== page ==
New Zealand 2011

Our three month sabbatical started with bad weather in Europe. Total closure of Heathrow airport due to snow for more than a week, forced us to change plans. Instead of starting the three months with a five week trip through Laos and Cambodia, we directly flew to New Zealand. Auckland therefore was quite disappointing, especially given that the original plan promised a much more exotic start of our holidays. We decided to move on as quickly as possible and do something spectacular to distract our minds from the missed opportunity to visit Laos/Cambodia.

First of many swingbridges

We booked huts on the Tongariro northern circuit (which is a so-called great walk making it mandatory to book huts or camp sites in advance). We wanted to combine this circuit with a trip around mount Ruapehu. The unstaffed huts in that second part of the trek do not have to be pre-booked (you just pay with hut tickets putting them in a ticket box), but after obtaining information from the park information center we decided to also bring our tent (“it may be crowded”). It turned out that the park information centre was totally uninformed, since there were almost no other hikers in that part of the park. Although carrying the full camping equipment made the going tougher, this first trek turned out to be very spectacular. The New Zealand hut system was a real surprise, especially the huts that are not part of the great walks. The cleanliness and the availability of water (mostly by collection of rainwater coming from the hut roofs in watertanks) makes that for most hikes there is no need to carry a tent. On the last part of the trek we only encountered small trekking groups, mostly from New Zealand, which gave us the opportunity to experience the friendliness of the country in which we will travel the next view months. Luckily we got a lift from a young couple from the trail-end to the nearest town Okahune after seven really wonderful trekking days.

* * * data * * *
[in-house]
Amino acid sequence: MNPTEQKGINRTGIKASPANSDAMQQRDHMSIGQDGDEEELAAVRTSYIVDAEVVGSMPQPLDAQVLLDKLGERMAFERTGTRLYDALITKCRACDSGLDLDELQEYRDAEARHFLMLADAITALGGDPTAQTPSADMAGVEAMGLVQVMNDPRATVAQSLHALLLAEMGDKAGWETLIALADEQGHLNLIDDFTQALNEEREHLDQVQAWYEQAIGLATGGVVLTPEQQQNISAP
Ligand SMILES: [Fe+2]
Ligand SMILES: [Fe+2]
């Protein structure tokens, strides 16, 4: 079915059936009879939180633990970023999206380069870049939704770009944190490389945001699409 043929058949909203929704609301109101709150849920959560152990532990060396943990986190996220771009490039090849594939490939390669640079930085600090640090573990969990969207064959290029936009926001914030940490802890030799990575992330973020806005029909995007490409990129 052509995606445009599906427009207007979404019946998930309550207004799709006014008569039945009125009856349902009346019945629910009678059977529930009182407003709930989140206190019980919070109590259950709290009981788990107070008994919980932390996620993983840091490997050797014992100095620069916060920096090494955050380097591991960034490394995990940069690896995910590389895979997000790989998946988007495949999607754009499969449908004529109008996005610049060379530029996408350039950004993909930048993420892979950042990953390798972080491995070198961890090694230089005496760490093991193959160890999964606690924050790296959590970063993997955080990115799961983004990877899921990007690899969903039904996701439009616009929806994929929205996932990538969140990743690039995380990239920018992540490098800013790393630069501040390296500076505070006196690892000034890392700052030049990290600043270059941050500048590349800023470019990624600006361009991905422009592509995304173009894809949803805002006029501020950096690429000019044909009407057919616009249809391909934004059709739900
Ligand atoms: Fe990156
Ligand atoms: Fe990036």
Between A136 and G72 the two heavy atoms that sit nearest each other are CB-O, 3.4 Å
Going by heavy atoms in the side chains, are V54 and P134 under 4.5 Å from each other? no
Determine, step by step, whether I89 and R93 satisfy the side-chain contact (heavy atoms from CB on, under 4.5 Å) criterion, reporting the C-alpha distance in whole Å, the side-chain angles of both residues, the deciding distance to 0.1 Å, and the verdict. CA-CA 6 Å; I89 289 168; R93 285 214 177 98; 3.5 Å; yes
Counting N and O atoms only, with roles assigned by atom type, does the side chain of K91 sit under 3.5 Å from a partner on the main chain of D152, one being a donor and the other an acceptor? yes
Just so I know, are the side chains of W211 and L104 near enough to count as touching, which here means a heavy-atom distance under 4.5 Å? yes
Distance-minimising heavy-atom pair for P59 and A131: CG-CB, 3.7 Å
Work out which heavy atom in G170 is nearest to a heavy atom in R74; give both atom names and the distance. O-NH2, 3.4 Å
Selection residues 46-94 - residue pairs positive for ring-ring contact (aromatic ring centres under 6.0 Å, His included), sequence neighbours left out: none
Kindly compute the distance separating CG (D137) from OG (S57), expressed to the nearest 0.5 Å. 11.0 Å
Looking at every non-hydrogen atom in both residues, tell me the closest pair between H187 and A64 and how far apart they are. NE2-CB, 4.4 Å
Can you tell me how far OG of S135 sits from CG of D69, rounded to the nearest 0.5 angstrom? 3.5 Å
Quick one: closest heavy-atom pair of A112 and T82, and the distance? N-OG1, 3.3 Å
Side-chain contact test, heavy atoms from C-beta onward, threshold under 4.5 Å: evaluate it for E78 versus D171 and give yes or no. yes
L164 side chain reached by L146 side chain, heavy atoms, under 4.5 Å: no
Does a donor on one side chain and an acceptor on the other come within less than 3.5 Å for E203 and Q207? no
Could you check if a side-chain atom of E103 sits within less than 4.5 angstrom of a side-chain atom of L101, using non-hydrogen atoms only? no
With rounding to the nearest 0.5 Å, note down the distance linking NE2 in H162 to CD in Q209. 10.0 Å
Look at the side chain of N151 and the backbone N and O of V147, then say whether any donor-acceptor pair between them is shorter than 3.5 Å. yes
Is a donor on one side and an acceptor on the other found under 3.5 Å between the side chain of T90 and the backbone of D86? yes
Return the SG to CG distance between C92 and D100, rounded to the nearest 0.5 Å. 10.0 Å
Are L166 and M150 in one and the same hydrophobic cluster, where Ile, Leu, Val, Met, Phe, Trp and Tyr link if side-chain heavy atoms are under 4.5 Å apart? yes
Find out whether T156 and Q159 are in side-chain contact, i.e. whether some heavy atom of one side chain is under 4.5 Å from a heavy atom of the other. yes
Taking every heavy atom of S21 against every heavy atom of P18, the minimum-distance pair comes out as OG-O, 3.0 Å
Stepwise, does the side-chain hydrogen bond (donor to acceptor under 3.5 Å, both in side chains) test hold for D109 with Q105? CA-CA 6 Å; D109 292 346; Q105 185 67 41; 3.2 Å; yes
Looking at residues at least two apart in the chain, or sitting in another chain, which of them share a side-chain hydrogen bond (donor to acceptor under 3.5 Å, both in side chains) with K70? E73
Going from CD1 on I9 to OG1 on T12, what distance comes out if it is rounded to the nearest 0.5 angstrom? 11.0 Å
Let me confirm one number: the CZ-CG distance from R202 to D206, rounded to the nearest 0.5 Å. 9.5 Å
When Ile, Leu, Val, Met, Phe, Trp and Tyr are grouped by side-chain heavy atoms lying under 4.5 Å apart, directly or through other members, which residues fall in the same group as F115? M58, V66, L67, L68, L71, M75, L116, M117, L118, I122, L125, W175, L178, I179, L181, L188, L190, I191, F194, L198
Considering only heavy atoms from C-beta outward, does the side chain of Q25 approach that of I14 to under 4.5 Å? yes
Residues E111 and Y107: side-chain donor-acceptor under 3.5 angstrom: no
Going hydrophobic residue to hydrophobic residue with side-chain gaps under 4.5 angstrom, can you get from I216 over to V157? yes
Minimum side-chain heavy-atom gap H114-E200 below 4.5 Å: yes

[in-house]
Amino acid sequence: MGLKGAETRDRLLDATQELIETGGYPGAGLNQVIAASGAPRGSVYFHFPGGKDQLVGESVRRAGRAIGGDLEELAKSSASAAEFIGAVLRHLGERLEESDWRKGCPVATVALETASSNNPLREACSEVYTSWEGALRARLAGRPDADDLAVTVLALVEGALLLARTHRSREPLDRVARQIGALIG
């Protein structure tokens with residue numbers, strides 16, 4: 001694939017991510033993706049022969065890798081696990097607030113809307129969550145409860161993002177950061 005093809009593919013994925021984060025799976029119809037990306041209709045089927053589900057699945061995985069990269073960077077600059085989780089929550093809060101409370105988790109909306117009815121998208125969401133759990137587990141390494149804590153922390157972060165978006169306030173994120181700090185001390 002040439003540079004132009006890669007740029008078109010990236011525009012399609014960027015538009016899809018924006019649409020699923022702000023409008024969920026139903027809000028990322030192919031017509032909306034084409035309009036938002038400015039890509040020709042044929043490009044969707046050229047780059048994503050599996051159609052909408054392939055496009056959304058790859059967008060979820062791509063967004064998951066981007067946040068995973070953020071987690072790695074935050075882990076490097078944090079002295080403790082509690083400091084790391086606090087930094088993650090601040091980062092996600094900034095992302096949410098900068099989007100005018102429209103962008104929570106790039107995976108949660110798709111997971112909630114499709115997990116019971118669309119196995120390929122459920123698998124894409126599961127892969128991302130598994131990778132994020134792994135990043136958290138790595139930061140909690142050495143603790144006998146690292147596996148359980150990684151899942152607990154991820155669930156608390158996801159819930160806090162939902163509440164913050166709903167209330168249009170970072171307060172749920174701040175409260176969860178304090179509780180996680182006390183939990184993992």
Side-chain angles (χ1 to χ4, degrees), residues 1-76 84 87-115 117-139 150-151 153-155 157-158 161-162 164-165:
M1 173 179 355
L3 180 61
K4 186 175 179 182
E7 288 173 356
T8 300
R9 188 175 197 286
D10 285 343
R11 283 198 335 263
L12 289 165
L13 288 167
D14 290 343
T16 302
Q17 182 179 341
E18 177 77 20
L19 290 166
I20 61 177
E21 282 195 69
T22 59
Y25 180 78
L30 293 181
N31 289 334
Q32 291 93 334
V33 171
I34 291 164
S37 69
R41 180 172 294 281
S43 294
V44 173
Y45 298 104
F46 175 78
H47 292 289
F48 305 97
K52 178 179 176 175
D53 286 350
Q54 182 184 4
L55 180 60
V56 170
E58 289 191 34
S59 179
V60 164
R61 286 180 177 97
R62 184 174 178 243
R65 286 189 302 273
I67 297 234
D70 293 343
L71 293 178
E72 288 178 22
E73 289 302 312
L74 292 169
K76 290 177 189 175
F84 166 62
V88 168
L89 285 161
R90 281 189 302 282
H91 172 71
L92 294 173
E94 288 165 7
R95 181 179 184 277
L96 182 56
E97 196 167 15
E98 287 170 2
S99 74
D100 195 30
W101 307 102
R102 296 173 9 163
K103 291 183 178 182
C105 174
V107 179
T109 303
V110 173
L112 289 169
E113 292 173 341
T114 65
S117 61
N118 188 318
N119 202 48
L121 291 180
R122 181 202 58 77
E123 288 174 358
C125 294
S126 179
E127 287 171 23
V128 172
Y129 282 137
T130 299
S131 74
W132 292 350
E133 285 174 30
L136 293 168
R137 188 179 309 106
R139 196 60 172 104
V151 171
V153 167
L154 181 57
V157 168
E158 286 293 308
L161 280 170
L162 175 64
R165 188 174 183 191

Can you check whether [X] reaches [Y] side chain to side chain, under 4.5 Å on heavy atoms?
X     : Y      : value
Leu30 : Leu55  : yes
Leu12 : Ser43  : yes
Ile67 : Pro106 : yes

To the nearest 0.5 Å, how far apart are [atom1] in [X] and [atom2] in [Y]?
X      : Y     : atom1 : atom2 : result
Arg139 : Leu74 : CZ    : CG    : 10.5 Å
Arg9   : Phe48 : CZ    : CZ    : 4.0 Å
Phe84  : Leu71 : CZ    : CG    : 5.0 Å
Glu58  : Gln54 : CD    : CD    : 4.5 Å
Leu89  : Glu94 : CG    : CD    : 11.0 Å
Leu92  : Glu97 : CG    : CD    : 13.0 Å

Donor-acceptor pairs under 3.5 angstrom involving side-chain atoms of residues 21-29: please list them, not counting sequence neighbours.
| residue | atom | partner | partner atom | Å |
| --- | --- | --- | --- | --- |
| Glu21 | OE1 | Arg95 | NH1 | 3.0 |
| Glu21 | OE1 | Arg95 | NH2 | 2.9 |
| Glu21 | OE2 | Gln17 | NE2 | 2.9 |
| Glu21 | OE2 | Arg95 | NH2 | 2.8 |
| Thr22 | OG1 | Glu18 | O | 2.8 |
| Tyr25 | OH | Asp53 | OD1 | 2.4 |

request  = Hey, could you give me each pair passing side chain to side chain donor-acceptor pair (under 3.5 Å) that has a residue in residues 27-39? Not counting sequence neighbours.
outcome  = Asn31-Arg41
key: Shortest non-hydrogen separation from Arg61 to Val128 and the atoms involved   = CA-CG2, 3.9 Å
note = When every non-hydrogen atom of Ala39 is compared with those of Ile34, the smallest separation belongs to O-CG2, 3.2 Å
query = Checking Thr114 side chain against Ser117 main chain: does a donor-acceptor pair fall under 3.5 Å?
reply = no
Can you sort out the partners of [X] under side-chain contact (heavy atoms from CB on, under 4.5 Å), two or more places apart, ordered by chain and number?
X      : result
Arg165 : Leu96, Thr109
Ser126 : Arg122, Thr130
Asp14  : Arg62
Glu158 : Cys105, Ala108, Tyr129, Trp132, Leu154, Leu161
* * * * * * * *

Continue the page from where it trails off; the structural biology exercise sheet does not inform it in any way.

Mount Taranaki